Reproduction, Technoscience, and the Body: Forced Sterilizations and Violence in Peru

Directeur /trice Elisabeth Prügl
Co-directeur(s) /trice(s)
Résumé de la thèse

Between 1996 and 2000, almost 300,000 Peruvian women were sterilized following

president Fujimori’s ‘National Program of Reproductive Health and Family Planning

1996-2000’. Promoted as a liberal-feminist enterprise at the International Conference

on Population and Development in Cairo (1994) and the Fourth World Conference on

Women in Beijing (1995), the program was supposed to empower women by giving

them education and choice regarding family planning and their reproductive health.

However, the program disproportionately targeted indigenous Quechua-speaking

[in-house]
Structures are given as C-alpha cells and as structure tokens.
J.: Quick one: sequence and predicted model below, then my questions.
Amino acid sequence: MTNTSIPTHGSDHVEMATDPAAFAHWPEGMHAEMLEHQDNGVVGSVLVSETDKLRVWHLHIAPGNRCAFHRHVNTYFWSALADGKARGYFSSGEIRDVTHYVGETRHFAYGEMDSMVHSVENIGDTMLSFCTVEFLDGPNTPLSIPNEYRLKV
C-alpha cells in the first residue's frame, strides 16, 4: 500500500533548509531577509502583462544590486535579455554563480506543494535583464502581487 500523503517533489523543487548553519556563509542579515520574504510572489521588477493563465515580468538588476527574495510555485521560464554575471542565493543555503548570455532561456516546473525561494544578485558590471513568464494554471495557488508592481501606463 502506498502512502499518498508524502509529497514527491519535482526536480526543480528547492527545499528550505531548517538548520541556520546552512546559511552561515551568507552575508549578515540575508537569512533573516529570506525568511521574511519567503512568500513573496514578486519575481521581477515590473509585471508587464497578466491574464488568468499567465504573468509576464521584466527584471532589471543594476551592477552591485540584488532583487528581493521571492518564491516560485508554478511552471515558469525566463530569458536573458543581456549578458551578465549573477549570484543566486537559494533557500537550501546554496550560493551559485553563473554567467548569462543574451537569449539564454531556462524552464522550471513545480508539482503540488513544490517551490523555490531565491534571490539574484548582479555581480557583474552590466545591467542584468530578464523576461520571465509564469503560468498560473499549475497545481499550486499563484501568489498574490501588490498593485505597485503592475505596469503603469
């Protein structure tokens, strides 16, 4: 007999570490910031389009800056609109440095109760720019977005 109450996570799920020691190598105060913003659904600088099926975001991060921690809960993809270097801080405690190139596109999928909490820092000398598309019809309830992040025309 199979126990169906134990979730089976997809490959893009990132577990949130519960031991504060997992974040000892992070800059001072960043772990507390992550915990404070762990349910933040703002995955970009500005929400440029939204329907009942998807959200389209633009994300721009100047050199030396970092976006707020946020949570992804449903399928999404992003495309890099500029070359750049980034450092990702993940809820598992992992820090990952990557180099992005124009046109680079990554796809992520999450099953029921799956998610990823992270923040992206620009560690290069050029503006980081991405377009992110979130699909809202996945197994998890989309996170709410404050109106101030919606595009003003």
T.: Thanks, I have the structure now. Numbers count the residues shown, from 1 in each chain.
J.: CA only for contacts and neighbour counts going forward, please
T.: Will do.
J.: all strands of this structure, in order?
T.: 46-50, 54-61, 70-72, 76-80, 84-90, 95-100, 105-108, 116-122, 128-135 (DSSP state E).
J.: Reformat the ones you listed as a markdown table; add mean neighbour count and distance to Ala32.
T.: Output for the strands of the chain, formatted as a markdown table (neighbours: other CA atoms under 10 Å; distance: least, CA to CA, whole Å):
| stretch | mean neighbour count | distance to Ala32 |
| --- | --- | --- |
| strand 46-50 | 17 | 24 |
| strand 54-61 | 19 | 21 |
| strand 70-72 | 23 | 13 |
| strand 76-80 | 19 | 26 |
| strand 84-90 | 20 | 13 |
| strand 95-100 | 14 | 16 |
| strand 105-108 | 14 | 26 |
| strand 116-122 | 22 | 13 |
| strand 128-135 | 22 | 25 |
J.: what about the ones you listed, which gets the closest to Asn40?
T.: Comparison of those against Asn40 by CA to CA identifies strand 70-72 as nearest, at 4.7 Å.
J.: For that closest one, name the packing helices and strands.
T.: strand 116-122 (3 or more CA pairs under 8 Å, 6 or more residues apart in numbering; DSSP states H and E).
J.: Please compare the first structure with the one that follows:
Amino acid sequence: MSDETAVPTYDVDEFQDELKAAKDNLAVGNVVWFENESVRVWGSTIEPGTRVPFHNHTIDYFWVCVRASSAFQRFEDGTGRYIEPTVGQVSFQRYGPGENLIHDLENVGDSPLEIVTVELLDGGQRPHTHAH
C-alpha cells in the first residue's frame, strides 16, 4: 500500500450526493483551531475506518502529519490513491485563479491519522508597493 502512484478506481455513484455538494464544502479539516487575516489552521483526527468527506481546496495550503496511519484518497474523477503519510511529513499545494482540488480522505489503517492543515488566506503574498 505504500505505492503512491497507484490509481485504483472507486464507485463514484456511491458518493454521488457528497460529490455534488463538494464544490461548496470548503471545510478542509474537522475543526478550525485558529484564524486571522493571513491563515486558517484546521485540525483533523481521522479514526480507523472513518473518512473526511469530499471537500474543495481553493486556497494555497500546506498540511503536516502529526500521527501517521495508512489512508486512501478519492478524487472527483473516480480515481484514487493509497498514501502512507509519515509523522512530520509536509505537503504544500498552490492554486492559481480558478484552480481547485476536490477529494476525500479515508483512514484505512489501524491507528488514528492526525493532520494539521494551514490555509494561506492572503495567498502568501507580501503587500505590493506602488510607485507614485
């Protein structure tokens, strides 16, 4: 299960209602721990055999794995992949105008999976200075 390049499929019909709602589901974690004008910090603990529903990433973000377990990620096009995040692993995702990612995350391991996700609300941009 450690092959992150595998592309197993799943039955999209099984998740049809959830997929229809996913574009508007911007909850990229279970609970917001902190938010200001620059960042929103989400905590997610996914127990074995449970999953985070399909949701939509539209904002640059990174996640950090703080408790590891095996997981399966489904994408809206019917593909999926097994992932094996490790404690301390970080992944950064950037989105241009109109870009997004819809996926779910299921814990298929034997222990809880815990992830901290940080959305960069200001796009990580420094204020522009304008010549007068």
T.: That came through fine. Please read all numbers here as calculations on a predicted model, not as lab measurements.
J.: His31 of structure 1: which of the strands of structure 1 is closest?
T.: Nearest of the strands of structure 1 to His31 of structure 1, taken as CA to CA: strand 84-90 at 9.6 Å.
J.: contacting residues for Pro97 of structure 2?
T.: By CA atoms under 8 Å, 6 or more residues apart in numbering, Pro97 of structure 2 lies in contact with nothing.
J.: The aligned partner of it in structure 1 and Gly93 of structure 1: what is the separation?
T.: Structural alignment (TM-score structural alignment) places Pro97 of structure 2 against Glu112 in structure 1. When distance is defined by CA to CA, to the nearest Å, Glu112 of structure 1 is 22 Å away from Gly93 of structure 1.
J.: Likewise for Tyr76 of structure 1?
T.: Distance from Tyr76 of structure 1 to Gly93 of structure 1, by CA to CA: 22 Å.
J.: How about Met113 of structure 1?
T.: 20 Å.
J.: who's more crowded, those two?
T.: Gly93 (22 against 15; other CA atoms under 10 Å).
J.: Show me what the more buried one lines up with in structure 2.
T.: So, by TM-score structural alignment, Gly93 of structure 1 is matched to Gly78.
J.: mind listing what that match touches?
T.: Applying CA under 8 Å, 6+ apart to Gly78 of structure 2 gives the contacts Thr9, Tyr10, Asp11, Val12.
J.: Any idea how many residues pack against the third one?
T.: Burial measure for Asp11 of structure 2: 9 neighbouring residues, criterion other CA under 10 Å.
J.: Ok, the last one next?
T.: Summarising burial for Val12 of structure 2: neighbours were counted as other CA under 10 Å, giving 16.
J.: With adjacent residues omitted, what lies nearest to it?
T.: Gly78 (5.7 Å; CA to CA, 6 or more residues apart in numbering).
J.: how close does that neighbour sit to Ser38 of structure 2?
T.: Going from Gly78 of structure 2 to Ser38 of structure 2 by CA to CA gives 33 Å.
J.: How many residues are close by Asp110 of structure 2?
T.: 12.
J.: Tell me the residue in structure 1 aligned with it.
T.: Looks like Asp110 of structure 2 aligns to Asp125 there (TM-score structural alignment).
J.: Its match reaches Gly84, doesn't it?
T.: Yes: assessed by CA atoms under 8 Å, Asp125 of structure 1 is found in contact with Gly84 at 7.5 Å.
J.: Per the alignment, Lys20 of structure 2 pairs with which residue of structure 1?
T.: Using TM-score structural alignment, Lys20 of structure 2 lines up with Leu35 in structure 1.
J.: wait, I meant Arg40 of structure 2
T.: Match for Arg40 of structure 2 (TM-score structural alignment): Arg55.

women of rural areas of Peru living in extreme poverty, performing surgical

sterilizations on thousands of women without their consent, through coercion and

intimidation. By focusing on the material and technological semiotics of violence and

gender, this paper studies the ‘National Program of Reproductive Health and Family

Planning 1996-2000’ document as part of the conditions of possibility that enabled

coercive sterilizations and the construction of the bodies of indigenous women as the

objects of reproductive violence. Drawing on post-human and science and technology

feminist theories, I explore the scientific-technological aspects of reproductive control,

the production of gendered and racialized embodied subjects, and understandings of

violence in the context of the then on-going armed conflict between the Peruvian state

and Sendero Luminoso.

Délai administratif de soutenance de thèse